Since the Vatican II council carries the weight of the Pope’s power, we may conclude that Saint Paul VI gave these simple priests the special powers to act, as has been done and tolerated in the past.
Christian anticipates such an objection and has these points to make.
First, this is a non-sensical objection. If all are extraordinary ministers, then there is nothing extraordinary about it. They have then become the ordinary ministers. To have the blanket right to minister a sacramental act is to be the ordinary minister.
Sed Contra: Given that the Eastern Church makes less than 2% of the entire Church, by allowing their rites to practice in a manner that befits their ancient customs, by no means detracts from the ordinary practice of the entire Church. They are permitted under an extraordinary exception that requires the Pope’s power to be exercised.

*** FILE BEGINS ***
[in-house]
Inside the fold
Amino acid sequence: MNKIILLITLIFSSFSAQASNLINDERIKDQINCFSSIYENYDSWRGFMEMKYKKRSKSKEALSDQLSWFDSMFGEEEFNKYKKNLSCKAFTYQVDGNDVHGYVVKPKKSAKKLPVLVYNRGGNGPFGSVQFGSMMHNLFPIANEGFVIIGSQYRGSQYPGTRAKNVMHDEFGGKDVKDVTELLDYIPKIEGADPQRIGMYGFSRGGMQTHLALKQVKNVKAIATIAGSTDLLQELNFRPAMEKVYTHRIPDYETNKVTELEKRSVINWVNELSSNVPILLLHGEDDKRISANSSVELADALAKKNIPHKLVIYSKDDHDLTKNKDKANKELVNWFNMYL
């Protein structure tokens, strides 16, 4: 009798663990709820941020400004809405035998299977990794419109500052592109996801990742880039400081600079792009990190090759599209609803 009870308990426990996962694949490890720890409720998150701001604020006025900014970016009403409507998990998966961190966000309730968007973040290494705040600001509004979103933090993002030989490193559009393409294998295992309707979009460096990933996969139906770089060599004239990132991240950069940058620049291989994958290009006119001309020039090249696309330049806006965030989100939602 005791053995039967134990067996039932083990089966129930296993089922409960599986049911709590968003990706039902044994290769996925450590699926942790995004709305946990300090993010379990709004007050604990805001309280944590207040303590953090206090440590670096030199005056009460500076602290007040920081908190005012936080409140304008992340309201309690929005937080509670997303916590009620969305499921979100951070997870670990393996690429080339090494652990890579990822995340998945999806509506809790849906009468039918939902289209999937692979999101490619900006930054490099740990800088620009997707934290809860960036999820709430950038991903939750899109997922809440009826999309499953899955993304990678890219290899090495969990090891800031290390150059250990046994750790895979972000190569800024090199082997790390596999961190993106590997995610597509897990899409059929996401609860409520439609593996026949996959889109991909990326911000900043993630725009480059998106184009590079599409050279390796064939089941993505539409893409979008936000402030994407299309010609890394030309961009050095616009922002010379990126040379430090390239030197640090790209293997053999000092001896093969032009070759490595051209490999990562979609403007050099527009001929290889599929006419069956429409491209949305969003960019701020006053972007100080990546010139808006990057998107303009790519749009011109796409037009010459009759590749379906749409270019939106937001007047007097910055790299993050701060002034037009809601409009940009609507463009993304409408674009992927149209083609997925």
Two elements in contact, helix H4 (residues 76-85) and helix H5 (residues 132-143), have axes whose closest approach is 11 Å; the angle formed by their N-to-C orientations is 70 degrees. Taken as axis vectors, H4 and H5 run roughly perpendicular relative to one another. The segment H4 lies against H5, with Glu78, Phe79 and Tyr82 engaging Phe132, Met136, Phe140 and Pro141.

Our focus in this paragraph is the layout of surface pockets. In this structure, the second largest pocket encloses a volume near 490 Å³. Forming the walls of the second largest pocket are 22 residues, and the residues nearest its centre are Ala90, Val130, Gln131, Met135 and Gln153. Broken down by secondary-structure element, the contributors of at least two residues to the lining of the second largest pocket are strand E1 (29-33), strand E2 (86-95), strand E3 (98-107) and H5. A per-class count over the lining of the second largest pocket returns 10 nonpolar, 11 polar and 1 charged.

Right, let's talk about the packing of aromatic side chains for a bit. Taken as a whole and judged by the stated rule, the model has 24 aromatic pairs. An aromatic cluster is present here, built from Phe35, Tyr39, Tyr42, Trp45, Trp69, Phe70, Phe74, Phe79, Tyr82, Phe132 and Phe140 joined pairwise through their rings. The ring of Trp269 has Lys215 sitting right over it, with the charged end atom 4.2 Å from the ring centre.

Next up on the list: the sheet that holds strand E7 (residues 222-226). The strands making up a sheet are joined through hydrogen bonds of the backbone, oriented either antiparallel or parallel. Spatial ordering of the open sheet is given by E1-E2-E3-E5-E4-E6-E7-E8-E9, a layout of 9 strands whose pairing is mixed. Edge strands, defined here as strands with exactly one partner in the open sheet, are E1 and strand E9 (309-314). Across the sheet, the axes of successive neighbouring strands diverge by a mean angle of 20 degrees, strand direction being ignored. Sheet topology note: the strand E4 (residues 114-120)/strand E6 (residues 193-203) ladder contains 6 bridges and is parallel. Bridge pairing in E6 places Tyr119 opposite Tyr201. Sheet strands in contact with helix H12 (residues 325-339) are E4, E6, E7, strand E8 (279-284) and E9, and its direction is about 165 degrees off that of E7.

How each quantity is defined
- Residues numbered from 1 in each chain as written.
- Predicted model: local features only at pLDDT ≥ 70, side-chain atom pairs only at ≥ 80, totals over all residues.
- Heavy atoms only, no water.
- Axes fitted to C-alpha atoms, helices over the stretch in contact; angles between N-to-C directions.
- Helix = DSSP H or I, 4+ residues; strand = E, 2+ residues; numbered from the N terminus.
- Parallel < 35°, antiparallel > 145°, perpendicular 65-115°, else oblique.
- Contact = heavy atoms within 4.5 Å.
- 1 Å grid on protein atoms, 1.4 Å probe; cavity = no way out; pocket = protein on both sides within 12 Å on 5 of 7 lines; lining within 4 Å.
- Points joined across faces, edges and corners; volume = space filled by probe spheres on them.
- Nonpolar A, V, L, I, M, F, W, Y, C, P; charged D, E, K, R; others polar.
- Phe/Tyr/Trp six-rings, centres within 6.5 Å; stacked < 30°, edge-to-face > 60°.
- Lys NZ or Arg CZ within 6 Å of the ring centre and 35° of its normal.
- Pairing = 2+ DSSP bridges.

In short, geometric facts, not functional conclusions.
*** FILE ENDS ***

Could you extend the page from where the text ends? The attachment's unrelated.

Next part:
Second, This does not take the condemnation of Trent seriously. Trent is condemning the very thing that the Pope is doing here. In the east, all Priests are given the right to be the ordinary ministers of Confirmation. The same thing is done by the Pope at Vatican II; therefore, he too is condemned.
Sed Contra: This too is answered by the above, the practice of the East by permission of the Pope is conditional and not ordinary. It is relegated to a minority of the Church, a minority of which needed the Pope’s permission to reinvigorate their old practices. They are an extraordinary case in the Church.